Who says humanity and the natural world can't get along? We talk a lot in our culture about "man vs. nature (sic)" but how true is that really? Today's stories for Earthy Thursday take a look at the ways in which humanity is either teaming up with nature or finding ways to welcome it into our backyards. Read about using plants to send messages, the surprising greenery of London, and giant rats who help save human lives. All this and more in the Pagan News Beagle!
PaganSquare is a community blog space where Pagans can discuss topics relevant to the life and spiritual practice of all Pagans.
Last week, my wife and I were blessed by a visitation of the Goddess in physical form.
Ravyn had been ill for a long time. In addition to intractable body pain which may or may not be caused by auto immune illnesses or spinal compressions, she had undergone questionable dental work which left her mouth throbbing from an incompletely-removed root fragment. This had persisted for over a year, until she changed her insurance and was referred to a compassionate and competent female dentist in a different practice....
If you're old enough, you may remember a television cartoon series from the 1950's called "Crusader Rabbit." He was, as I recall, sort of a Don Quixote-type character - tending to tilt at windmills which most folks would judge imaginary or not worth the effort. Whether that memory is correct or not, it's the way I often feel. Very few people ever seem to share my sense of injustice at the little subtleties in our culture.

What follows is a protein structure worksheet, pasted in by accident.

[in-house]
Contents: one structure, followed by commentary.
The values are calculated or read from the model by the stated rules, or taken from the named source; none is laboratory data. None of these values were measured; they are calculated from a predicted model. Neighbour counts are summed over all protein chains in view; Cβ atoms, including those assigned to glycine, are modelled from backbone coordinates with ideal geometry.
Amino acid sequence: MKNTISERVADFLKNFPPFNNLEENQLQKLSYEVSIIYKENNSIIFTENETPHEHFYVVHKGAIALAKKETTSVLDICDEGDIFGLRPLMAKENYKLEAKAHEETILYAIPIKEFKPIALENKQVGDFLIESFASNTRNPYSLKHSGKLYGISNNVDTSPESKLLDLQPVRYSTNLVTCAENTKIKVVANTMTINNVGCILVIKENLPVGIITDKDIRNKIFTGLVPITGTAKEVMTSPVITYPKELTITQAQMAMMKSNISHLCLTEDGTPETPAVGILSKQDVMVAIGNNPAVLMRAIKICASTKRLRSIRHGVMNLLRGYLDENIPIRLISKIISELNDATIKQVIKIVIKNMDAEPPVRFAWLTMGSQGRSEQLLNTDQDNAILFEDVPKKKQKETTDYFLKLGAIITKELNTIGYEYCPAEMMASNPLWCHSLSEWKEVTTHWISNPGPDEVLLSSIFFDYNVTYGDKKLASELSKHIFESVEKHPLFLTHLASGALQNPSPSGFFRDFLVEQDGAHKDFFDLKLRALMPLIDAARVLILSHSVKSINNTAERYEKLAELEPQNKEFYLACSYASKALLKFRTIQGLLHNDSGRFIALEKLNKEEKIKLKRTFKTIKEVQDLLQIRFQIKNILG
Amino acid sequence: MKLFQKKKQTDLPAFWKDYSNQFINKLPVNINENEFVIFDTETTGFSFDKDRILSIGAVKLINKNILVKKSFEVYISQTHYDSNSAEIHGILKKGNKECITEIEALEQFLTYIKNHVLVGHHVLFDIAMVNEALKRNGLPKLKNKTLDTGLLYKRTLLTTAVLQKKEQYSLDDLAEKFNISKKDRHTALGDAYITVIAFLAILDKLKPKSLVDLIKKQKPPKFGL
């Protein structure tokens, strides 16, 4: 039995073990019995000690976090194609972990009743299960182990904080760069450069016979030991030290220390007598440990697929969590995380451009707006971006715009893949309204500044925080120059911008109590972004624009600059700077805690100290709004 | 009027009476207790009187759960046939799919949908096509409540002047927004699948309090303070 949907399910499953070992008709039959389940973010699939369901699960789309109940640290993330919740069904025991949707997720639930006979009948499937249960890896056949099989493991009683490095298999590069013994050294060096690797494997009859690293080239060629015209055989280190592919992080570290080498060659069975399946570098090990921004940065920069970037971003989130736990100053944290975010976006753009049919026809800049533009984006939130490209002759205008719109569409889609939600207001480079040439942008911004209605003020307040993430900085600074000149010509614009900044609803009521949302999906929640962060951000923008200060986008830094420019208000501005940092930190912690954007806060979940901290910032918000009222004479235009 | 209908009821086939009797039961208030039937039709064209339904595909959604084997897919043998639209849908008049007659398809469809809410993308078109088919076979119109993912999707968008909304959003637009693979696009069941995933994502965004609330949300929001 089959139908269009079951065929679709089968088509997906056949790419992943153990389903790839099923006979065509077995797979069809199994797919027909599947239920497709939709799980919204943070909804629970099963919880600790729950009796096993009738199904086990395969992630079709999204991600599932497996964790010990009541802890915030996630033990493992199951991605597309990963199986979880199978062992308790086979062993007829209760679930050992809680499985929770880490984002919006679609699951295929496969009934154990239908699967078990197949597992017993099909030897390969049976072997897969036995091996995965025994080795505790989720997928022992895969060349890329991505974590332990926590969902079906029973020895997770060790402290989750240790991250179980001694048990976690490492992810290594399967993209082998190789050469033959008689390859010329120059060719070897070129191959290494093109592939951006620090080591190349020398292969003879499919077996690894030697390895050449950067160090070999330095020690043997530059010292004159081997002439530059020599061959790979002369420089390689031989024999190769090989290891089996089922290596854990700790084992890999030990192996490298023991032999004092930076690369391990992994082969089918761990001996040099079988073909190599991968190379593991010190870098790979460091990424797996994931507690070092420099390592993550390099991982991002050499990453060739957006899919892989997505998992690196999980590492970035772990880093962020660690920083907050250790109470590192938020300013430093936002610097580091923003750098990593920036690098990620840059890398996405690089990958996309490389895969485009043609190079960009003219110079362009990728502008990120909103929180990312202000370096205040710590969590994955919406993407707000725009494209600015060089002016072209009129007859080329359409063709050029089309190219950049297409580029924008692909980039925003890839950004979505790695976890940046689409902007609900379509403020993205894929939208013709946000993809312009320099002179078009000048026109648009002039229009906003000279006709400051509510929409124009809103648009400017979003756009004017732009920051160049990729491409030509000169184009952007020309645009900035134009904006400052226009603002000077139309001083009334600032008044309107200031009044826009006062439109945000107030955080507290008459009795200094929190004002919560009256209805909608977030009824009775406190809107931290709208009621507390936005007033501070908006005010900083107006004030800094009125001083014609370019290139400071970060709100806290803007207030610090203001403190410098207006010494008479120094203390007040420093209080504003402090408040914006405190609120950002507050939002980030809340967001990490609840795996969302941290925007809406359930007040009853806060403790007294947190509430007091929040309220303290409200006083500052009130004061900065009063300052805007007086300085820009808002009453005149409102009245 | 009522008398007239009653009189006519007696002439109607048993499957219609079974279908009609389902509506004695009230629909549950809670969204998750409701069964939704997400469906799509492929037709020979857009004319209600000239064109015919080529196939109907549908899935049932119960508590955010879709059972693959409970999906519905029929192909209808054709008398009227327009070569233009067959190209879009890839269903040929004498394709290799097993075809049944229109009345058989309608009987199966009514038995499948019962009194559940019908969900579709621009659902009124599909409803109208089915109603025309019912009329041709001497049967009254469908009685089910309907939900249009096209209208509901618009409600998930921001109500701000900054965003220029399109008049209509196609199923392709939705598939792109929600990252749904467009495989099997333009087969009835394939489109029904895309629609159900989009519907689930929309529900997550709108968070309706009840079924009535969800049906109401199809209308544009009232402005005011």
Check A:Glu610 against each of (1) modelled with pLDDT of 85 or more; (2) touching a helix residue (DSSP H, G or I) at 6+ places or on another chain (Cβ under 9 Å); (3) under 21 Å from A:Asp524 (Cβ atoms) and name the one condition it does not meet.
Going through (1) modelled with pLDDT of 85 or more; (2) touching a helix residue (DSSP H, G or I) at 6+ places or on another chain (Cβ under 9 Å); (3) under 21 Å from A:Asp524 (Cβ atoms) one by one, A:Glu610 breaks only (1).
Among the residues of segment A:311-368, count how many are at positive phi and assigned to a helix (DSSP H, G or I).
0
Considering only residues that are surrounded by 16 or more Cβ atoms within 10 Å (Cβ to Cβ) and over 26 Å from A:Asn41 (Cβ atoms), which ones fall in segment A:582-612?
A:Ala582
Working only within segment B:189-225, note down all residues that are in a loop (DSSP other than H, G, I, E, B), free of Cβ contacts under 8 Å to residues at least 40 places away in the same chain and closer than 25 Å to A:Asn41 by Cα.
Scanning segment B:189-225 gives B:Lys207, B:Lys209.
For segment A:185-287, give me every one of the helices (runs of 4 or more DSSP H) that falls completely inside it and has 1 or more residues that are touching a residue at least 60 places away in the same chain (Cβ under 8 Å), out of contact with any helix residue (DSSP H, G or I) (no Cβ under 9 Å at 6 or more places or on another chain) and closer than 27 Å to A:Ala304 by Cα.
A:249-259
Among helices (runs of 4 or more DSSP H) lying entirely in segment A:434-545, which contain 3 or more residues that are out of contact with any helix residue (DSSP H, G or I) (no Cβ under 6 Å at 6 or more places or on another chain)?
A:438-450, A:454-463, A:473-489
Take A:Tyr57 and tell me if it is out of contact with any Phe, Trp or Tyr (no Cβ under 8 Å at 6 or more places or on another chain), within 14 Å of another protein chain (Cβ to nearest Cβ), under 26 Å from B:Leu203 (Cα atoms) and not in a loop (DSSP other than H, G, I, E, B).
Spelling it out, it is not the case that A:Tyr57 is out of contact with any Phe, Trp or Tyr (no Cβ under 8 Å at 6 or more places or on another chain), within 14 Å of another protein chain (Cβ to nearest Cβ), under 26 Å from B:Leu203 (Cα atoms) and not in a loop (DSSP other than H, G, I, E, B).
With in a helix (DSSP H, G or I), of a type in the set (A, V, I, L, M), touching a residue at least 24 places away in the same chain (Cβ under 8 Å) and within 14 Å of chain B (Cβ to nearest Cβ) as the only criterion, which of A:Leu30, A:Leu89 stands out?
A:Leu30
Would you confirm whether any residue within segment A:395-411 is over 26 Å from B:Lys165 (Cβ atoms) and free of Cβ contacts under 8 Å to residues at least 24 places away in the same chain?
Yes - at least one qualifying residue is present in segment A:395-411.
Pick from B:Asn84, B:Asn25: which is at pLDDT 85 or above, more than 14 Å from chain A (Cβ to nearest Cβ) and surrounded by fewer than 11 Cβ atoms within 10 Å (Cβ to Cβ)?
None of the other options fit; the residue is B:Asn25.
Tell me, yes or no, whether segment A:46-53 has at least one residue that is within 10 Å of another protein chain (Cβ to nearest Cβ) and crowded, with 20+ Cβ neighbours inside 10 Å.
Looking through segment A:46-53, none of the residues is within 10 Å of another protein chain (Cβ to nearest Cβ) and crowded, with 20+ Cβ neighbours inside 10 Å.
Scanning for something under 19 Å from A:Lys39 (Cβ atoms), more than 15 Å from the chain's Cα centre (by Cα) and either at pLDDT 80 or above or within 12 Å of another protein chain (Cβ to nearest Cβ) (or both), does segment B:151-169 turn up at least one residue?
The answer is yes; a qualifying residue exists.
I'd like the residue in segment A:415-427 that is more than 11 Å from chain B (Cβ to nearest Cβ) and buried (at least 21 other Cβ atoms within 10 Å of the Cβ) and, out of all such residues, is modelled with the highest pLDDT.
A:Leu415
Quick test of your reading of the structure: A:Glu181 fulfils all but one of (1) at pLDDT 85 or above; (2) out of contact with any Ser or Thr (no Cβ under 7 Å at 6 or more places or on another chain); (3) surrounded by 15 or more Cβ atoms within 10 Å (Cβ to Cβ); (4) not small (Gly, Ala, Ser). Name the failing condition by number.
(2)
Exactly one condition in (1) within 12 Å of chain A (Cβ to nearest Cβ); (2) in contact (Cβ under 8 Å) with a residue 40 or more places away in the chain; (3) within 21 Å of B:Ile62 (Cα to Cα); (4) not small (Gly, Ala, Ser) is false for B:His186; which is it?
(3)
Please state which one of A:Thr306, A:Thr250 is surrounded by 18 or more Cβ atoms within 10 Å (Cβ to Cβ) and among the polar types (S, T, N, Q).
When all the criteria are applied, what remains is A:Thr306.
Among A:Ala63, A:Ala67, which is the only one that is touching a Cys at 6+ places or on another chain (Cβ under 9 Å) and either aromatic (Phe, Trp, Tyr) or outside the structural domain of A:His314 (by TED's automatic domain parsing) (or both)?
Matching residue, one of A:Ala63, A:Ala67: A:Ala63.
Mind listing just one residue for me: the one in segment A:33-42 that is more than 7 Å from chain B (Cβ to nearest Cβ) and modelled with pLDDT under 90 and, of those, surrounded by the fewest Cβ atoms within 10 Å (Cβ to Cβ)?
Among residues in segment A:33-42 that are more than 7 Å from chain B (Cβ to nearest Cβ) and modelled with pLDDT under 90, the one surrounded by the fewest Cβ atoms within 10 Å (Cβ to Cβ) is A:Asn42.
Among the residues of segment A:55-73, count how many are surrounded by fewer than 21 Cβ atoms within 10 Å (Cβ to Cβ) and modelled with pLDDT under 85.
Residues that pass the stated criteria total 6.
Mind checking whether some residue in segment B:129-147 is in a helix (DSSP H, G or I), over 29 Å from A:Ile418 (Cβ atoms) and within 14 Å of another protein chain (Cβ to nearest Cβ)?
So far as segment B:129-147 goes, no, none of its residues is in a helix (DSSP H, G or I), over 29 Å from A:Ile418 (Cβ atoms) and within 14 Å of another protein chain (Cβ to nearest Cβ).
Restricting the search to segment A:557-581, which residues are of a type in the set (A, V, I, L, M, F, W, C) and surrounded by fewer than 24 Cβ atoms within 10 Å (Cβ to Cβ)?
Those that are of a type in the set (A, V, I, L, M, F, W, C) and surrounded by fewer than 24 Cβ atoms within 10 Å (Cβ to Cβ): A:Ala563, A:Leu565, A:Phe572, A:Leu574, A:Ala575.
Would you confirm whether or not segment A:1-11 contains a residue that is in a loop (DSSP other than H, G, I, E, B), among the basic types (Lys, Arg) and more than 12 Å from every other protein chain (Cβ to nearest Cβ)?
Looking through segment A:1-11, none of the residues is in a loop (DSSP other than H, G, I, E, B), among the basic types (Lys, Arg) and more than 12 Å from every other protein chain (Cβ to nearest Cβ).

My wife and I receive healthcare in Arizona from the Banner Health organization. Banner is one of the largest healthcare conglomerates in the U.S., managing hospitals and medical practices all over the country. Yet, when we are admitted into the hospital for a procedure and are asked on the intake form to indicate whether we have a religion of choice, only certain ones are on their computer list and they do not include Pagan, Neopagan or Heathen. Most surprisingly, in light of recent acknowledgment by the Armed Forces and the Prison system, the Banner list doesn't even have Wiccan! (We are not Wiccan, strictly speaking, but it's close enough for Jazz. We'd take it.)...
This post was inspired by reading about the second Pagan Health Survey, and I encourage all readers to go participate!
For me, being Wiccan means that I value the feminine and the metaphysical, two things that have been derided, often on the same terms. The history of healing is an interesting case study in how responding to both does not mean reversing that derision and eliminating what has been valued in the meantime (the masculine and the scientific) but restoring the value of what has been missed, finding balance and ideally integrating them both. This does not depend on me seeing myself as the literal or spiritual descendent of the medieval wise-woman or accused witch; it is an argument about current understanding of the best ways to re-enchant the world. Thus I think that the argument advanced in Ehrenreich and English's pamphlet Witches, Midwives, and Nurses about not throwing out science in order to destabilize patriarchy is equally valid when we look at it from a spiritual perspective.